Though the science is still out on weighted blankets, some people swear by them. Wirecutter named this Baloo blanket the best, not in small part because, unlike many weighted blankets, it’s machine-washable and -dryable. It’s currently available in 12-pound ($149) twin size and 20-pound ($169) queen size. It’s rated 4.7 out of five stars on Amazon, with one reviewer reporting that “when it's spread out over you it just feels like a comfy, snuggly hug for your whole body … I've found it super relaxing for falling asleep the last few nights, and it looks nice on the end of the bed, too.” 

Buy it: Amazon 

10. Philips Smartsleep Snoring Relief Band; $200

Philips SmartSleep Snoring Relief Band
Philips/Amazon

Few things can disturb your slumber—and that of the ones you love—like loudly sawing logs. Philips’s Smartsleep Snoring Relief Band is designed for people who snore when they’re sleeping on their backs, and according to the company, 86 percent of people who used the band reported reduced snoring after a month. The device wraps around the torso and is equipped with a sensor that delivers vibrations if it detects you moving to sleep on your back; those vibrations stop when you roll onto your side. The next day, you can see how many hours you spent in bed, how many of those hours you spent on your back, and your response rate to the vibrations. The sensor has an algorithm that notes your response rate and tweaks the intensity of vibrations based on that. “This device works exactly as advertised,” one Amazon reviewer wrote. “I’d say it’s perfect.”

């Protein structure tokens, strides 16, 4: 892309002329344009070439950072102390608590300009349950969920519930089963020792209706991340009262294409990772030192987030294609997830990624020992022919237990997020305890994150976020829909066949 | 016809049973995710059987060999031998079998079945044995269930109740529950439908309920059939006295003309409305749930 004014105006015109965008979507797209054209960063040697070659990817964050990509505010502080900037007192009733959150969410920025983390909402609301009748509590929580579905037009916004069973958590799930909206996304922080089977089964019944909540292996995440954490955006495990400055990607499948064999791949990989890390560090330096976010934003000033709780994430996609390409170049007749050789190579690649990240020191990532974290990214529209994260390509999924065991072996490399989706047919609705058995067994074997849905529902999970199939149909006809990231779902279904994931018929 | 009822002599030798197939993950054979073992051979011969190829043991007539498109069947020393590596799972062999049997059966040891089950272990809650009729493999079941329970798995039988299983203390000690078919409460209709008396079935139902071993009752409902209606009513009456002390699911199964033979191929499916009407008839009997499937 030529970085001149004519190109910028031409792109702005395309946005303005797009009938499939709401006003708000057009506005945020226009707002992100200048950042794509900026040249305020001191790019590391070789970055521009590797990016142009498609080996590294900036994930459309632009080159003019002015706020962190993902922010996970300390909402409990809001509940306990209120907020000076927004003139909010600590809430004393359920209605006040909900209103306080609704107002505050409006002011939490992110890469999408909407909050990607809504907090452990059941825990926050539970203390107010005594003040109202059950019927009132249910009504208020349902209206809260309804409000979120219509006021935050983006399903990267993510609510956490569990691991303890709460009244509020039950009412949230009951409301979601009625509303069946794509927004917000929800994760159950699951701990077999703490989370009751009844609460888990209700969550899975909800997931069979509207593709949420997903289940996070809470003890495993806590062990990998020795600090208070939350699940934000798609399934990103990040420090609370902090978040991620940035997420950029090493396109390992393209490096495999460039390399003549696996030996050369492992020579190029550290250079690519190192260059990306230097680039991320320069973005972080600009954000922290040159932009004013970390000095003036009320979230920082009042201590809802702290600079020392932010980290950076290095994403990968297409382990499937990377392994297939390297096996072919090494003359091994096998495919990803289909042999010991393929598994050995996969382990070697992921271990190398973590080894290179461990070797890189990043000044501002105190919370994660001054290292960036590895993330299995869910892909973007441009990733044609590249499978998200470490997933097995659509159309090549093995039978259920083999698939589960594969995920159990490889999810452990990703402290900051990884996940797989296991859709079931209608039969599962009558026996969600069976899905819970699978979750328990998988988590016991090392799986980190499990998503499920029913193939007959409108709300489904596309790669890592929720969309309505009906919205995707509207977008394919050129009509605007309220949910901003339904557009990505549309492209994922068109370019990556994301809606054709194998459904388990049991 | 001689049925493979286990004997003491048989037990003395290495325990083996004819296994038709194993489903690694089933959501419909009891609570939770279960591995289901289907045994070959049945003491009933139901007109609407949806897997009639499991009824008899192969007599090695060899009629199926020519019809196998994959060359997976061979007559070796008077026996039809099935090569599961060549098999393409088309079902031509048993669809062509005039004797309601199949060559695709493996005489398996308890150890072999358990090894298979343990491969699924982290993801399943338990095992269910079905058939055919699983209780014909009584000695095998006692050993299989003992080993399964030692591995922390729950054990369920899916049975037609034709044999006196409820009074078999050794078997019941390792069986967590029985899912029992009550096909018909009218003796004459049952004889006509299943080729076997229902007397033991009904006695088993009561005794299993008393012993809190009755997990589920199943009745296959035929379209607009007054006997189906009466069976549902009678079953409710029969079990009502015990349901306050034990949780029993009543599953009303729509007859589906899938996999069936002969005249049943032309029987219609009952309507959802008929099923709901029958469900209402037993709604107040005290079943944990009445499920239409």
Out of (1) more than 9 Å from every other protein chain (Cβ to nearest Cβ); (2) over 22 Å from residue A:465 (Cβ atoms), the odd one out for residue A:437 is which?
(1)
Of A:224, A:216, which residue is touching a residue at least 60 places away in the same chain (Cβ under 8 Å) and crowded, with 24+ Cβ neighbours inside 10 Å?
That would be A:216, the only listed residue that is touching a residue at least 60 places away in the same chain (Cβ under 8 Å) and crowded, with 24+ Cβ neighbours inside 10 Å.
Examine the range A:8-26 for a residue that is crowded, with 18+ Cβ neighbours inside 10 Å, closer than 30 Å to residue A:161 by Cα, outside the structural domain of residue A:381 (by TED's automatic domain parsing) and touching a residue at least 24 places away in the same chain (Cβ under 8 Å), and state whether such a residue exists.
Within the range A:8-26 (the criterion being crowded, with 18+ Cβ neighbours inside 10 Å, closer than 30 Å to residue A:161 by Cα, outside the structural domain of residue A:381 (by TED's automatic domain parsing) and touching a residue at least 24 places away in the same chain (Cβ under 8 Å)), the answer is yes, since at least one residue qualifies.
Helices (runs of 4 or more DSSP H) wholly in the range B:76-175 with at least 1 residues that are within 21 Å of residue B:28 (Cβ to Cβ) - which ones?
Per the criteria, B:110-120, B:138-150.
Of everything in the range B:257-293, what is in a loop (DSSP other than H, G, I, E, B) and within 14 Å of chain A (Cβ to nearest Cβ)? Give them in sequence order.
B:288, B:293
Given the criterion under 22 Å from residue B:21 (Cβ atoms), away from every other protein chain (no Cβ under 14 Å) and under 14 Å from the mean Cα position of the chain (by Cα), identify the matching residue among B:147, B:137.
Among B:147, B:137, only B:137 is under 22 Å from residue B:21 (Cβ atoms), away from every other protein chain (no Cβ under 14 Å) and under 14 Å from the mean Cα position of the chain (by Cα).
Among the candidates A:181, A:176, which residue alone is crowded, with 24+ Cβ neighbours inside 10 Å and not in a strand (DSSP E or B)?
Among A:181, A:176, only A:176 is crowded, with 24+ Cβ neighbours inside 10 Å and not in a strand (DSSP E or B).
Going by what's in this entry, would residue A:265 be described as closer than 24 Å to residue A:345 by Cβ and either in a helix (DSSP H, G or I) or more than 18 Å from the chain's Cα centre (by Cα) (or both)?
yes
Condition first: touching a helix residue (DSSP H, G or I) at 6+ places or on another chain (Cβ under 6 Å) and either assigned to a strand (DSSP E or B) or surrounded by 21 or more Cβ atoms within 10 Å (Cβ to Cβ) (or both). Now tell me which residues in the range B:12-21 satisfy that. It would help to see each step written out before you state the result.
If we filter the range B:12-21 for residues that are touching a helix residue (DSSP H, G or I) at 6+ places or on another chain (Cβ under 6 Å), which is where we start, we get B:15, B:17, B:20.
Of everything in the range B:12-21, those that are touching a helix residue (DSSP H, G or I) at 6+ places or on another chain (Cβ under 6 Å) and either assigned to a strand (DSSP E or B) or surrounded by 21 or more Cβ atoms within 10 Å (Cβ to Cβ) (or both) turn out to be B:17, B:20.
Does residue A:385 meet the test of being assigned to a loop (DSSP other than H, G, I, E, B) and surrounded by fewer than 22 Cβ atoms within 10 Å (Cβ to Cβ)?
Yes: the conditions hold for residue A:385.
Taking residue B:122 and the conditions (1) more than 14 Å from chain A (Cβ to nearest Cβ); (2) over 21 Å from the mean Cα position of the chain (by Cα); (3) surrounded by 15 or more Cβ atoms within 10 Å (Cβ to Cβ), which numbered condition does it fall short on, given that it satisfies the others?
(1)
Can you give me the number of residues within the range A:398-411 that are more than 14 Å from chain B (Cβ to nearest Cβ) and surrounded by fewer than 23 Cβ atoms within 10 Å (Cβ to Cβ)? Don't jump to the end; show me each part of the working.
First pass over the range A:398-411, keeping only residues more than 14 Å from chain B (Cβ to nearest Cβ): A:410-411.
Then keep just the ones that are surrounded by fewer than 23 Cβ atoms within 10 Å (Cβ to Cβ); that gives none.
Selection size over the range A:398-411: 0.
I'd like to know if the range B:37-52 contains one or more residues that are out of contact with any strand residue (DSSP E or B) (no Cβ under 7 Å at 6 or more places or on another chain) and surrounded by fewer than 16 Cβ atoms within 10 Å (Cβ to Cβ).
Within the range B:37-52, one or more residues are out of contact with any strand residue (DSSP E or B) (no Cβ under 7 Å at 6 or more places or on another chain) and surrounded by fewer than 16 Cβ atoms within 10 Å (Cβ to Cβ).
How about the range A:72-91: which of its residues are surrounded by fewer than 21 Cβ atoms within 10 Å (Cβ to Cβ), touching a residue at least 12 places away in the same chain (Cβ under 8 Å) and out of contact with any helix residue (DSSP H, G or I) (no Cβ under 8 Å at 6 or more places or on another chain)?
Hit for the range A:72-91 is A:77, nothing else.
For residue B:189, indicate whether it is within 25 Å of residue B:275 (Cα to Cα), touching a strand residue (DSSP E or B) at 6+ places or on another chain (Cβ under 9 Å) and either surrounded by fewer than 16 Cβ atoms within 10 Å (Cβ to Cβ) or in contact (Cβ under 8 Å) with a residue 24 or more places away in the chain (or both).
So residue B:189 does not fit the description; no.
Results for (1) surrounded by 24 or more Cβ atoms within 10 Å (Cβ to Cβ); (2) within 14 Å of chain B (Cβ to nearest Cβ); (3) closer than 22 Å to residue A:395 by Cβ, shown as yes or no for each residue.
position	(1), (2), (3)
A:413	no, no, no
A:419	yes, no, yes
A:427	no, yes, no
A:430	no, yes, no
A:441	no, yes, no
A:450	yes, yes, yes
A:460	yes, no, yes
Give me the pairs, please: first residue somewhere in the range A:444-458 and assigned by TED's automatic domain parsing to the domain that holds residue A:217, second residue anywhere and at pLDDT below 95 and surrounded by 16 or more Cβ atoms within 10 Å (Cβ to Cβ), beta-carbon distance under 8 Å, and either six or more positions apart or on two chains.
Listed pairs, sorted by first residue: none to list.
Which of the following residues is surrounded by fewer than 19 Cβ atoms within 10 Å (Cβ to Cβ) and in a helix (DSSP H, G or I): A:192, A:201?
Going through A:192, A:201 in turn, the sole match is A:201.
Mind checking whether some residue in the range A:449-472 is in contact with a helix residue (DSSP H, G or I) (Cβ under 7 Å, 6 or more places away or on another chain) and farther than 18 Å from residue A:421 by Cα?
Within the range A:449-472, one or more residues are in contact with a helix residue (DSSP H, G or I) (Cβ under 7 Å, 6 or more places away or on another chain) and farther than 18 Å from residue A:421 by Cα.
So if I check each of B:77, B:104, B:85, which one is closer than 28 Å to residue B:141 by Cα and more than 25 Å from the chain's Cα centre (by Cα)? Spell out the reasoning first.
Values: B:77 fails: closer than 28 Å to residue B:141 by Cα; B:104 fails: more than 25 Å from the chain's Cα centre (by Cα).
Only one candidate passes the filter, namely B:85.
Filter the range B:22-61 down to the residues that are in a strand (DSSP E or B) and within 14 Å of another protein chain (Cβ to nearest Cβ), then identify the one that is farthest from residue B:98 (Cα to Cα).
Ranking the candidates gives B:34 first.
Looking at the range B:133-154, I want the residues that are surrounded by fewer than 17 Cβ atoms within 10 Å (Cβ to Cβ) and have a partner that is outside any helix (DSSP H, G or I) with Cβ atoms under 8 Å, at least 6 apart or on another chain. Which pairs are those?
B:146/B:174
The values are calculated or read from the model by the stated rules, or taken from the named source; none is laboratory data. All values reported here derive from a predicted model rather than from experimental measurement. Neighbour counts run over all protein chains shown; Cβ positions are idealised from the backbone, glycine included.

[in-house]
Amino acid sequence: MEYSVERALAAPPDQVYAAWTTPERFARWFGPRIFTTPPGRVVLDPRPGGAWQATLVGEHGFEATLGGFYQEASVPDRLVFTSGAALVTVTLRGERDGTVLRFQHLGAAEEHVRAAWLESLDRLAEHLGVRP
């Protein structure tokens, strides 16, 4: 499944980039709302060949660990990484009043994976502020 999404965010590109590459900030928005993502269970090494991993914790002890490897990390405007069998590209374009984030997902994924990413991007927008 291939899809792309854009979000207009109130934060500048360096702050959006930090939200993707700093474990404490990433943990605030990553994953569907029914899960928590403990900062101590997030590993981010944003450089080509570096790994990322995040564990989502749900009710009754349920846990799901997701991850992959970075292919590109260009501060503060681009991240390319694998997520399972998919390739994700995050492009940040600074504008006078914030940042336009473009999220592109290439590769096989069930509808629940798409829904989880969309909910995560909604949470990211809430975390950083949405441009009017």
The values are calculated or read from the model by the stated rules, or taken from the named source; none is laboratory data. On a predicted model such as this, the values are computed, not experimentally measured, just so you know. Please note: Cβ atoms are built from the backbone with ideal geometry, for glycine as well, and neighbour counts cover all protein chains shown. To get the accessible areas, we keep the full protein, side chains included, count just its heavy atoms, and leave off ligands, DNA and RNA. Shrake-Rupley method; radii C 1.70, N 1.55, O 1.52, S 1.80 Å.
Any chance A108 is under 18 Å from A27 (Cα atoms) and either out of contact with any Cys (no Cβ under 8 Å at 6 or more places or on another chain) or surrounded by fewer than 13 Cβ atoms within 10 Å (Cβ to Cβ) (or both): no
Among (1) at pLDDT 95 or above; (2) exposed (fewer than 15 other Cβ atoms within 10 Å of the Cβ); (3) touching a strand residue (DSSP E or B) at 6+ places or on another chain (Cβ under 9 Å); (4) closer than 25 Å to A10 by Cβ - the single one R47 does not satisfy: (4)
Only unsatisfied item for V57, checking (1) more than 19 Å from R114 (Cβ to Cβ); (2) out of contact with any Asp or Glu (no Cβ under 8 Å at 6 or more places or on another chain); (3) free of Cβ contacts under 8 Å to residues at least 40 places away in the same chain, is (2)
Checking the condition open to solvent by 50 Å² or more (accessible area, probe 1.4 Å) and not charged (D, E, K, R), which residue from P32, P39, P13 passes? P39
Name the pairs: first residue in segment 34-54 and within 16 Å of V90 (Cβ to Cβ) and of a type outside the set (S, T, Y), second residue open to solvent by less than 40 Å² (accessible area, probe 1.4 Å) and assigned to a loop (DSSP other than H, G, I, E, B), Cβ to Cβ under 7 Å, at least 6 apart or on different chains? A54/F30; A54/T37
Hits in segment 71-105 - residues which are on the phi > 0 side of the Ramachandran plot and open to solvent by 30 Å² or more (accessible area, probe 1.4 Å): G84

Buy it: Amazon

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Eldest vs. Oldest: What's the Difference Between These Two Age-Related Adjectives?

Danny DeVito will help illustrate our point.
Danny DeVito will help illustrate our point.
Stuart C. Wilson, Getty Images

When it comes to adjectives related to age, choosing between eldest and oldest can cause some people to grow a few premature gray hairs. The words seem interchangeable and their preferred usage is unclear. Why say oldest person alive and not eldest person alive? What’s the difference between the two?

According to Merriam-Webster, the most significant distinction is that eldest and elder are only ever used to refer to people. An antique can’t be the eldest in a collection, only the oldest. But your older sister could be the eldest among your siblings.

Eldest is most often used in the context of people who are related either as family or as part of a group for comparison purposes. It also doesn’t necessarily have to refer to age. If someone joins a chess club in their 80s, they might be the oldest person in the group, but that doesn’t mean they’re the eldest. That would describe the member of the group who’s been there the longest, even if that person is in their 30s.

To justify our use of actor Danny DeVito in the image above, we could say that, at age 75, DeVito is the oldest cast member of It’s Always Sunny in Philadelphia, but not the eldest. He joined the show in season 2.

Oldest can certainly refer to people, but it’s best to opt for eldest when comparing people within a social or familial community. And remember that elder can also be used as a noun, while older cannot. You would respect the elders in your family, not the olders.